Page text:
“Not till you listen to me. Cutter was going to cut Winnowill’s web one strand at a time, starting with the humans who worshiped her. But that would have taken awhile, and she was already building the Egg into a false Palace that she would have used to find and kill us all. What if we hadn’t found out until after she was finished?”
“She didn’t know where we were till you gave it away,” Scouter said sullenly. But Skywise felt the tension easing.
“Maybe not, but she would have found us sooner or later, and we might not have been ready for her,” Skywise said. He paused. “Maybe I shouldn’t have let Aroree into the Holt. But Winnowill had hurt Aroree, too. Winnowill’s the enemy, Scouter. Not Aroree, and not me.”
There was a silence. Then Scouter said again, “Let me go, Skywise.”
“Are you going to try to break my jaw again?”
Scouter shook his head, and Skywise released him. Without a word, without looking at Skywise again, Scouter walked away into the trees. Skywise took a deep breath, fingered his bruised jaw, then reached up behind his visor to run a hand through his hair. That seemed to have worked all right.
He glanced up to where the stars glinted between the trees, and sighed. Windkin was immortal now. He would never age and die, like the other Wolfriders. If . . . But no. It was out of the question. He’d better go and see if Leetah could do something about this jaw.
Skywise returned to the Holt, but found that Leetah was busy. While he and Scouter had been occupied, Zhantee had nearly been killed by a bristle-boar, because Strongbow had missed his kill.
Skywise sighed again as he waited. Blue Mountain had fallen, and Winnowill had been carried off and disappeared. But it seemed the things she had started were going to go on for a long time.
* * *
Starjumper was dead. The pain of it had ebbed; it had been a swift river threatening to wash Skywise away, but now was only a dull, throbbing ache in his gut. He spoke consolingly to Dodia-- it had been her jack-wolf, but not her fault-- from what seemed a great distance, though she was standing right in front of him. The death had felt almost like his own.
Skywise’s recent words to Cutter over Starjumper’s body swirled around and around in his mind: “If I have to give my blood and bones back to the land that made me, why can’t I be the one to say when?” He thought again of Windkin’s immortality, and his throat constricted.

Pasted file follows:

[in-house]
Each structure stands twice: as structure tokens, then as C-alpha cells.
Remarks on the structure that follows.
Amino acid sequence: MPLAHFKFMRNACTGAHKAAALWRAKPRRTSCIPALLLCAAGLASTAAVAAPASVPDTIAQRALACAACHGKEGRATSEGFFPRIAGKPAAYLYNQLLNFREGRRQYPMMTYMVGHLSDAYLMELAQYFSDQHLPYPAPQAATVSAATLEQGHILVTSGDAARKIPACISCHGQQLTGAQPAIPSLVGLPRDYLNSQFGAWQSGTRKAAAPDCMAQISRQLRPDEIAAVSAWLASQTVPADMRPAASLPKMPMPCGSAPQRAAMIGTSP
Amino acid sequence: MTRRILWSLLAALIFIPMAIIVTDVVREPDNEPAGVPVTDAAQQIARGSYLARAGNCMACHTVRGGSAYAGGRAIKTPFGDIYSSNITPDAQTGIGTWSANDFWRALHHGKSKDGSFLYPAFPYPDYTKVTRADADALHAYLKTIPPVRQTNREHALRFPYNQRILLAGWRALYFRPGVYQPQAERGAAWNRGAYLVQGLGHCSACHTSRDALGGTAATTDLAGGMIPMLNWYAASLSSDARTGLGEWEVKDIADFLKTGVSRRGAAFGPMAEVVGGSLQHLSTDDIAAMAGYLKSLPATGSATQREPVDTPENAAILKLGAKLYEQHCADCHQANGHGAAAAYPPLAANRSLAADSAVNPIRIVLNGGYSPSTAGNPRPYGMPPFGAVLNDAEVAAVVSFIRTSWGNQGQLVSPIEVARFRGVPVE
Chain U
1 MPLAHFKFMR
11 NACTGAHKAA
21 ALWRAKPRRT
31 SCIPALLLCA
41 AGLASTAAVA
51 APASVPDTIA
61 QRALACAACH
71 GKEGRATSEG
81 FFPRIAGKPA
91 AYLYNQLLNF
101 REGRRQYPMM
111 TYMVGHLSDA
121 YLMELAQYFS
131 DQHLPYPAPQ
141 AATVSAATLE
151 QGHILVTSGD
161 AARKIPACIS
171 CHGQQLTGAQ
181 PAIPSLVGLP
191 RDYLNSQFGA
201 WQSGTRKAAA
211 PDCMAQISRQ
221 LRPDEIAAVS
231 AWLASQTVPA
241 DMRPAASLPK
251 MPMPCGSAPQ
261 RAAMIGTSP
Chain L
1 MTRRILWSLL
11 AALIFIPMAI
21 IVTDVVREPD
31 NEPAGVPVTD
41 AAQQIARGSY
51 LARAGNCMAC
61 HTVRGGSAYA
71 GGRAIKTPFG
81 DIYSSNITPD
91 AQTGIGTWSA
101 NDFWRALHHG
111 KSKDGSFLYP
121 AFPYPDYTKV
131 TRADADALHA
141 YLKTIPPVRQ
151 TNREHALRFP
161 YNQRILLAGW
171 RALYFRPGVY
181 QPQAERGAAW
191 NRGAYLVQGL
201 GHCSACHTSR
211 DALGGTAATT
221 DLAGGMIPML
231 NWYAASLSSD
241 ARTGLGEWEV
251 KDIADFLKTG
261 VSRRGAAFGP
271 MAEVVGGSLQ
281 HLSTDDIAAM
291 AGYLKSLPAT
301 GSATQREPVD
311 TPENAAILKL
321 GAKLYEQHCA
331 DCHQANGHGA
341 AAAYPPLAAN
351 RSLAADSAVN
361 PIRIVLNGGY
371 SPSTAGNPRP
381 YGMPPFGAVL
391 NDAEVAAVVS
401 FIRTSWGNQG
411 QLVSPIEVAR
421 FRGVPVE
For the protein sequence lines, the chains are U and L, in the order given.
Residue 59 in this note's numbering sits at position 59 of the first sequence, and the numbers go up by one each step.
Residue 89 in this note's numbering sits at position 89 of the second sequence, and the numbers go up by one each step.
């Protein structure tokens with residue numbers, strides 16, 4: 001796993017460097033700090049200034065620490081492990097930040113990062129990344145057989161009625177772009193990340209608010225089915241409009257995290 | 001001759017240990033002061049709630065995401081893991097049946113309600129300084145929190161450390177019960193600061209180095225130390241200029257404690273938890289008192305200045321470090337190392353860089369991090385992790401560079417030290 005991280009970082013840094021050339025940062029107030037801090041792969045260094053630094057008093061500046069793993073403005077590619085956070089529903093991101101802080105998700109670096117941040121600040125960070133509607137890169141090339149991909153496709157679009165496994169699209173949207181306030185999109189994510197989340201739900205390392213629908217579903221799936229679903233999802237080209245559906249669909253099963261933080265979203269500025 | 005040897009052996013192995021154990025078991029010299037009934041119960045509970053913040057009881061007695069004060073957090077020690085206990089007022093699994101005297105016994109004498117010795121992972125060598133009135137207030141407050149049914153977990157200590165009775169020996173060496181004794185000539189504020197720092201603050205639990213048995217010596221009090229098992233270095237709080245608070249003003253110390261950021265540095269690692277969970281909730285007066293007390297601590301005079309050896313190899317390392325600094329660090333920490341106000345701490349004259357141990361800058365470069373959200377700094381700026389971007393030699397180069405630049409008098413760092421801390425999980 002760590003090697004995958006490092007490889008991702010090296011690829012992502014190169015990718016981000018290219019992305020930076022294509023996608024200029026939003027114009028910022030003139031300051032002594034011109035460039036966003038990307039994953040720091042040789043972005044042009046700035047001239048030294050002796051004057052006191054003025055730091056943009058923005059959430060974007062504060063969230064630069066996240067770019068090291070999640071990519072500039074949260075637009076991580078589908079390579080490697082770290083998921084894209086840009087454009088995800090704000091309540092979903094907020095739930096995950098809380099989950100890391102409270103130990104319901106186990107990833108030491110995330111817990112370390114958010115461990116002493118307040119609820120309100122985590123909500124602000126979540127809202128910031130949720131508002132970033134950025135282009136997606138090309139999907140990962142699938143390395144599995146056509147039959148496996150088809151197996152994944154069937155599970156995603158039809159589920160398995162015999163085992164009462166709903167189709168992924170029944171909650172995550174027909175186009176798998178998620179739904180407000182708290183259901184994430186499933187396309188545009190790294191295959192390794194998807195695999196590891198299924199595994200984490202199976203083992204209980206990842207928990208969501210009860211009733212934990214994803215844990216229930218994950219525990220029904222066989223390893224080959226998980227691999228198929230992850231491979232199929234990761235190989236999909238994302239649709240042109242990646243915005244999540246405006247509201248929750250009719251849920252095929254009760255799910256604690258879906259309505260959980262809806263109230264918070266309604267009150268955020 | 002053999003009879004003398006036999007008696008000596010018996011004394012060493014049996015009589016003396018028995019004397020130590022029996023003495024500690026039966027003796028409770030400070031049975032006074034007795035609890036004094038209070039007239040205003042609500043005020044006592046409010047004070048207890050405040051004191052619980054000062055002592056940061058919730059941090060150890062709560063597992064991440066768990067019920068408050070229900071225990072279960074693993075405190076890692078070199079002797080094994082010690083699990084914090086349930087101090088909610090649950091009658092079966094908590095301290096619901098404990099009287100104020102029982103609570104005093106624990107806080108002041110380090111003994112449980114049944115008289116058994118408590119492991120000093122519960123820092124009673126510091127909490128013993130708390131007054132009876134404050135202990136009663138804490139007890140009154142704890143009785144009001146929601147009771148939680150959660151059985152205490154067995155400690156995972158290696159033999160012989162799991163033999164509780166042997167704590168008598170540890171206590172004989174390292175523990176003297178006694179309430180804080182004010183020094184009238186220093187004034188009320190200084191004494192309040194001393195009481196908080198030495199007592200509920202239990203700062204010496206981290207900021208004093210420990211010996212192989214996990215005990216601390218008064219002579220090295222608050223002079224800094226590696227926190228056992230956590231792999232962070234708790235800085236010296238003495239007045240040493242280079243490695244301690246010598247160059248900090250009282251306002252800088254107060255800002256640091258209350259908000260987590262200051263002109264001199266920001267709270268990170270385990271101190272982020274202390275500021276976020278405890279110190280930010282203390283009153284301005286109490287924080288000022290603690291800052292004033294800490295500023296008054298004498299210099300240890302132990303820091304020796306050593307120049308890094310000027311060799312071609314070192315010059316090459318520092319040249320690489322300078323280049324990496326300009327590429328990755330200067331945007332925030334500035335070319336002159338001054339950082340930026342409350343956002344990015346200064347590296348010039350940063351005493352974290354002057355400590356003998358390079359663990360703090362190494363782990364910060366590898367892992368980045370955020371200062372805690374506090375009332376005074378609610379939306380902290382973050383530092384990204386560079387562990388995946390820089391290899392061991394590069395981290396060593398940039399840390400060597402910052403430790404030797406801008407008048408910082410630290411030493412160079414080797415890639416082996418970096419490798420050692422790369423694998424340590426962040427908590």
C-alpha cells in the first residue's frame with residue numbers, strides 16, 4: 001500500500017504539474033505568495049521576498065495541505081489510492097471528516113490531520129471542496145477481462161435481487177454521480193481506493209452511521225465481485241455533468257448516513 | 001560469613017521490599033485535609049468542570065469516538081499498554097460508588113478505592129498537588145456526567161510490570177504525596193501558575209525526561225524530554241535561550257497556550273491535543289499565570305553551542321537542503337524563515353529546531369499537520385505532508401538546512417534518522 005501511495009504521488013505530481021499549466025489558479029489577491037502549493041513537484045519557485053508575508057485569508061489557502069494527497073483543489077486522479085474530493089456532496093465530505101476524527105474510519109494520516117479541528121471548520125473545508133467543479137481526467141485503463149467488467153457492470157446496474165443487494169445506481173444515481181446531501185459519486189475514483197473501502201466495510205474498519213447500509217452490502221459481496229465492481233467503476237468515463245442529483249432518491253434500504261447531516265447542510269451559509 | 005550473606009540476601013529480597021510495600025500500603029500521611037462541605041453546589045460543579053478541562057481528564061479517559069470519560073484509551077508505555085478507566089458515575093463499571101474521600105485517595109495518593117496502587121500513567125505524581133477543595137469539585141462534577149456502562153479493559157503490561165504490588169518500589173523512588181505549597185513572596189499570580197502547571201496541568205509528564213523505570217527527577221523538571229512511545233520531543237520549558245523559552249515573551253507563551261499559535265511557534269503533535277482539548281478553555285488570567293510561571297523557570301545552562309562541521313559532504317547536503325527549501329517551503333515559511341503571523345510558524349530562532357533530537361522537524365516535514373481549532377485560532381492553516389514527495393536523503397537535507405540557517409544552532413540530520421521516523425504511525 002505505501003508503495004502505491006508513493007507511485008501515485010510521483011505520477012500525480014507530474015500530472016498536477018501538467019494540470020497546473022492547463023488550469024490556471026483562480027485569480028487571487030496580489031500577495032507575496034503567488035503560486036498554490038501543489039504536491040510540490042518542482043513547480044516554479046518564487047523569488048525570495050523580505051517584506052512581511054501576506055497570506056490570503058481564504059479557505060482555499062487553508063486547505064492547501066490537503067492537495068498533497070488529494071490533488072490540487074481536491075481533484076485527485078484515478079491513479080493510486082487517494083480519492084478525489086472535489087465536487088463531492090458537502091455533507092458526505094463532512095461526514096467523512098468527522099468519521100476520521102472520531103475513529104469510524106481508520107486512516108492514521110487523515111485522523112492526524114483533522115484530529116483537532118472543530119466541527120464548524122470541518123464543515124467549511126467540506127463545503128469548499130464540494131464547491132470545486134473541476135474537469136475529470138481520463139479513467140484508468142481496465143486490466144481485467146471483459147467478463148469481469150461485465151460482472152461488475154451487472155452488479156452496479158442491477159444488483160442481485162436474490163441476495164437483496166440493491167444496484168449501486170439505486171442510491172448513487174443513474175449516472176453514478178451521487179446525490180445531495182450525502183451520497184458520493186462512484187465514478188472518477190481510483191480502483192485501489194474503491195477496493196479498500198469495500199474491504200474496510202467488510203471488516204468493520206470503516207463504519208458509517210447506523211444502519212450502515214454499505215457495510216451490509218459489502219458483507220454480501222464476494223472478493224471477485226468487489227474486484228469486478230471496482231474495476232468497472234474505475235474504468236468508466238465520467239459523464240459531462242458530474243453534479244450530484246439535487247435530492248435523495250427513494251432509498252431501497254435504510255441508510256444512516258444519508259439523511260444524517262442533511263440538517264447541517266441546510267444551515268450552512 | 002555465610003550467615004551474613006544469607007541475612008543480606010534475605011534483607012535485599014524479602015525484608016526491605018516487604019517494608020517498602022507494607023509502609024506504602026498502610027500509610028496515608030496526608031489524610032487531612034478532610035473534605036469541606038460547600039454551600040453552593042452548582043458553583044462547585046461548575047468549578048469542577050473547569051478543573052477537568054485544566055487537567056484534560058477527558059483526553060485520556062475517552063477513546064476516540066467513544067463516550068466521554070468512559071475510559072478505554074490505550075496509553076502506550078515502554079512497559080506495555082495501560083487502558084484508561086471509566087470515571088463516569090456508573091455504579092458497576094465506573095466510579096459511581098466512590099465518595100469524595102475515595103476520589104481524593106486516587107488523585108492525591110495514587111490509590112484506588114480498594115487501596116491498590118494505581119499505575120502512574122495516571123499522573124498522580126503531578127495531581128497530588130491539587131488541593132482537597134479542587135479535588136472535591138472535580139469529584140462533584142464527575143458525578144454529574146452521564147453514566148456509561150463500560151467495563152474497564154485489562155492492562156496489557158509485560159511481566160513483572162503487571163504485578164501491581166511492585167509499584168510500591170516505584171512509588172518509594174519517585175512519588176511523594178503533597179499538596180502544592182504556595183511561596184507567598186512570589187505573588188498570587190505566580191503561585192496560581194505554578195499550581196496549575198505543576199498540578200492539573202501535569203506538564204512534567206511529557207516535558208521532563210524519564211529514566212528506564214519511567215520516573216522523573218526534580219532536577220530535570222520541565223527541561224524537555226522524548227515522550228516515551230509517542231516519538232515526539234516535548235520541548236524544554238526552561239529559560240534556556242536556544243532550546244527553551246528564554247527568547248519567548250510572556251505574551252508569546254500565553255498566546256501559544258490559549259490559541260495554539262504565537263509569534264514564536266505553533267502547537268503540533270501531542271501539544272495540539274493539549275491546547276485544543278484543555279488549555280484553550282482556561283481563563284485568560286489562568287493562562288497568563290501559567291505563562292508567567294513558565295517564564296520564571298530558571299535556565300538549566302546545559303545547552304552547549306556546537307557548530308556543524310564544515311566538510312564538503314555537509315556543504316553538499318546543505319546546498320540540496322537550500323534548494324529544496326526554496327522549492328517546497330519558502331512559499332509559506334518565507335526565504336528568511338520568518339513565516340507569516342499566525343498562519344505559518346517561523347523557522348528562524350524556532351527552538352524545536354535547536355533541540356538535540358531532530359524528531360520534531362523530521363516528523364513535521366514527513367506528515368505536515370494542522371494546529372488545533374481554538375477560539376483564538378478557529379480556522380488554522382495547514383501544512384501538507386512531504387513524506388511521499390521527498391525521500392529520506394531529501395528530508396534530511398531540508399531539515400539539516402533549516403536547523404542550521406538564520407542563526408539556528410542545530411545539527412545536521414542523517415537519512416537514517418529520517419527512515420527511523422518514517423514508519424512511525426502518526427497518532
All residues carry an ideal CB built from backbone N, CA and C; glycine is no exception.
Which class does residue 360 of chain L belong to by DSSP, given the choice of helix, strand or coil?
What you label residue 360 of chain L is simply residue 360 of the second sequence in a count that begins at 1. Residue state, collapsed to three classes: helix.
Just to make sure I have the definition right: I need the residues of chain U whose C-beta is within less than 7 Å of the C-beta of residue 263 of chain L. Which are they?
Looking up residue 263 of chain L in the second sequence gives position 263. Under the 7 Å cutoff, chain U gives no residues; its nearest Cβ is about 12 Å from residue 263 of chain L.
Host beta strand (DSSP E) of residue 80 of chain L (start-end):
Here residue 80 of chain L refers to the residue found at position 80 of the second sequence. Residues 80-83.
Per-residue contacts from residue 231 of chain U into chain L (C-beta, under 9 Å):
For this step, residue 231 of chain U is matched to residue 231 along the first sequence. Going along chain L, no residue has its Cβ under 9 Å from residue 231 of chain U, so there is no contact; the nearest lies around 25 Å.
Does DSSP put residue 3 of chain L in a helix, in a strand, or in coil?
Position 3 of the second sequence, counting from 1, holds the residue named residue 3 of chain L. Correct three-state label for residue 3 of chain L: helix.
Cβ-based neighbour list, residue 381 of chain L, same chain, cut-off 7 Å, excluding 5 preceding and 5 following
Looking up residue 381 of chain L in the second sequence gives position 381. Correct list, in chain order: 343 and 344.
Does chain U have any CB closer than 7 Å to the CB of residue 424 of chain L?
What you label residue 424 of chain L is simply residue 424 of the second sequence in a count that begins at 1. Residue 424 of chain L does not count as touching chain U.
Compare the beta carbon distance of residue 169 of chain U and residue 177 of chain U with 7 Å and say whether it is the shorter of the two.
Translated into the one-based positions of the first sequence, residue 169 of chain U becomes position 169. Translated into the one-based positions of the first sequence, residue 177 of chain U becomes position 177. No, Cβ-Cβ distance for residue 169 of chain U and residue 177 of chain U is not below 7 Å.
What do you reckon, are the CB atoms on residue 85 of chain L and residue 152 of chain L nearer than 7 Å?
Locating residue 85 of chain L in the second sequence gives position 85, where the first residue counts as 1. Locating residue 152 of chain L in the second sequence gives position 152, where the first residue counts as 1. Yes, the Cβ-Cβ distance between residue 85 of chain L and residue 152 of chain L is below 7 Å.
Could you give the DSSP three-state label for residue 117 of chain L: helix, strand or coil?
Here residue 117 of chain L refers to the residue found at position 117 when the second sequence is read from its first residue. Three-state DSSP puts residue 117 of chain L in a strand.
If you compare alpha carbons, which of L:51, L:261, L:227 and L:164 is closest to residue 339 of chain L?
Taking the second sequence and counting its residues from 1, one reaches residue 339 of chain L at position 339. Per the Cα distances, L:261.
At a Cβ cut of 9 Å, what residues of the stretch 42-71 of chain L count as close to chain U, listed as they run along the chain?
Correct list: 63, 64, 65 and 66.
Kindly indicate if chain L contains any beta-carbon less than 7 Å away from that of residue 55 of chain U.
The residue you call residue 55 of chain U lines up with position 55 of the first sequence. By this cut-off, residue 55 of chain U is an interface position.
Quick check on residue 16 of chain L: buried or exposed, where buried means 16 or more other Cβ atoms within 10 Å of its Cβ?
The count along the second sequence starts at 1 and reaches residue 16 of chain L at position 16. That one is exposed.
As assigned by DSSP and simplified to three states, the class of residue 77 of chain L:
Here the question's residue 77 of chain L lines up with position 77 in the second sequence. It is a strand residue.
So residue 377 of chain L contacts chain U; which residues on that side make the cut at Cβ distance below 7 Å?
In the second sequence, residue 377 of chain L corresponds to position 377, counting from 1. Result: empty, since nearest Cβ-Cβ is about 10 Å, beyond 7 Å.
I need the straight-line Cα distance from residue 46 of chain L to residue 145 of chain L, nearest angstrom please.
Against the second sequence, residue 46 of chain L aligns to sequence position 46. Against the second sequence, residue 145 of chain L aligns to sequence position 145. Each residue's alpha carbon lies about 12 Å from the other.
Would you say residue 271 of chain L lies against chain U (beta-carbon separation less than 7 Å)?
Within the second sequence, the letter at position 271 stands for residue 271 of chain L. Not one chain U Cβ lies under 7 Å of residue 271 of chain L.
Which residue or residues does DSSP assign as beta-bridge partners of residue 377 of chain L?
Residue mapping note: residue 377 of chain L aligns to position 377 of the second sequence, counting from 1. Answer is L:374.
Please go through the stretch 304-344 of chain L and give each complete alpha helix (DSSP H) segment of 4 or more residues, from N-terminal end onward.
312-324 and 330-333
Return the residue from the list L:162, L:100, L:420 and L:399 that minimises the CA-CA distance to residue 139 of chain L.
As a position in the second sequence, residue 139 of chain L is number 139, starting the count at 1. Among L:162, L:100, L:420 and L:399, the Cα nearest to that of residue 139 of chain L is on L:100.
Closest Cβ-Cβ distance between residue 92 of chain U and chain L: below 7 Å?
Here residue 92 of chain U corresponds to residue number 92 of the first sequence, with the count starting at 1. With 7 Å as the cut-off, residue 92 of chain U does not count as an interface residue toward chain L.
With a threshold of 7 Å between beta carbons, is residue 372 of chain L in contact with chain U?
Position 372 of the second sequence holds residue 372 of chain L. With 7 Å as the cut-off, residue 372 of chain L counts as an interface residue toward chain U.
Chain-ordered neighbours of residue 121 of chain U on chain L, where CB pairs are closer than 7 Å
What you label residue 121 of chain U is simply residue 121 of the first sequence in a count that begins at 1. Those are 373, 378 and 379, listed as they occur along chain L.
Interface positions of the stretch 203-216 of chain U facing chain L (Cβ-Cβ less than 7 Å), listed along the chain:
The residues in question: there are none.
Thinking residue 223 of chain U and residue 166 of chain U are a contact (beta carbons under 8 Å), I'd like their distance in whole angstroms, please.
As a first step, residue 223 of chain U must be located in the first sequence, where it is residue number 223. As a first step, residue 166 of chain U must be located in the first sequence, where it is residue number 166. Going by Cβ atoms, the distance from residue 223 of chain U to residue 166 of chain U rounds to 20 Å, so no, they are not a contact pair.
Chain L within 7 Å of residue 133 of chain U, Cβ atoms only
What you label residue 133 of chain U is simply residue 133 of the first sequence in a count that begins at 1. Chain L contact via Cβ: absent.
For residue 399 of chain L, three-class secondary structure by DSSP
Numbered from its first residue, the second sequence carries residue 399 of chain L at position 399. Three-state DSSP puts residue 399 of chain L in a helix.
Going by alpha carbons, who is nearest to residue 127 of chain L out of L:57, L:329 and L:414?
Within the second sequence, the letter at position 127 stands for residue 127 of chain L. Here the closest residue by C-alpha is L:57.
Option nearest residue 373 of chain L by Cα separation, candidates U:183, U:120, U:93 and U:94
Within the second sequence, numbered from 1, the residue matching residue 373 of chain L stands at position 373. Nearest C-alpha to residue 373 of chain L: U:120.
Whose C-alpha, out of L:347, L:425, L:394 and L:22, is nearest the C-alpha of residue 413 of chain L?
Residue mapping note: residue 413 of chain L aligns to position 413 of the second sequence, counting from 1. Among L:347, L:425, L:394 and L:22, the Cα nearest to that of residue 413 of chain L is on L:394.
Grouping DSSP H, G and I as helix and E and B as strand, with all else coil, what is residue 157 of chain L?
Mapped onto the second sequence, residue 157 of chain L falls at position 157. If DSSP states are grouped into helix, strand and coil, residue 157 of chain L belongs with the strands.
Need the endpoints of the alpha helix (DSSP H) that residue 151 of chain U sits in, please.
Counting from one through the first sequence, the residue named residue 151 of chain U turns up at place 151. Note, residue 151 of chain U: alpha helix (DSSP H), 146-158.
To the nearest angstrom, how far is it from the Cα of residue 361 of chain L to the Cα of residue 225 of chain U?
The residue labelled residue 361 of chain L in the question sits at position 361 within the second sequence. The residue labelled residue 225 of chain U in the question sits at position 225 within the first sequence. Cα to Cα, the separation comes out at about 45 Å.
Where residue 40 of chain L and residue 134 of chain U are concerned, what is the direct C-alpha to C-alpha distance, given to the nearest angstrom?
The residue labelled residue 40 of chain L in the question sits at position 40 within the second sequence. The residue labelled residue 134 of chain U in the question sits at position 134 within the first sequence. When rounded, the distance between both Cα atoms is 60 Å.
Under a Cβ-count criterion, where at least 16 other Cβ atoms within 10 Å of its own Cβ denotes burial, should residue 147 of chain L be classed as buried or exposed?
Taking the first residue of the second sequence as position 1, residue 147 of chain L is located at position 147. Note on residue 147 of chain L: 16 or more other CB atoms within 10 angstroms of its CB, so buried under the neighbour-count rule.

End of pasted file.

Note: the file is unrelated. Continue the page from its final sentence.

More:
All his life there had been this small place deep inside him that was afraid. Afraid of being swept away, like a dead leaf on the wind, from life and warmth and certainty. He covered it so skillfully that probably Tam was the only one who knew it was there. And Tam had once abandoned him to the current . . .
But not this time. Not earlier, in the grip of Door’s rockshaping, and not now, in his grief for his wolf-friend. And so for Cutter’s sake Skywise would stay bound to the land that made him, bound with the ties of a Wolfrider. But one of the things that had made him love being a Wolfrider now lay dead in a meadow under the two moons.
Around him the others were continuing to talk-- about Strongbow’s trouble and Suntop’s-- but Skywise, lost in his thoughts, hardly heard them.
Then light exploded in the night sky above, descending like a star alighting in the center of the forest. With it came a sense of presence, like the weight of uncountable beings all acting as one. Skywise and everyone else stood frozen and speechless until Cutter, called out of astonishment by his duty as chief, bade them wait while he and Skywise went to investigate. Even in that moment Skywise couldn’t help feeling gratified that Cutter felt no need to tell him to come with him. It was an assumption as natural as the action itself.
The light was, of course, coming from the Palace. Inside himself Skywise had known what it would be, though the amazement was no less real. But the last time he had seen the Palace, it had been cracked and crumbling. Now it shone in perfection like a faceted stone, gleamed like moonlight on water. The doors opened, and Treestump, Clearbrook and Rayek appeared.
The next few moments were a blur of excited greetings and explanations. Then a glimpse of glowing eyes and white fur startled Skywise. Cutter and Leetah stood aside respectfully, and there came pacing slowly past them a great she-wolf. The High One.
It was as if she and Skywise were the only two beings in the forest. Timmain stopped in front of him and lifted her face to his, her ears relaxed in friendly greeting. Her tail lifted and waved slowly, once . . . twice.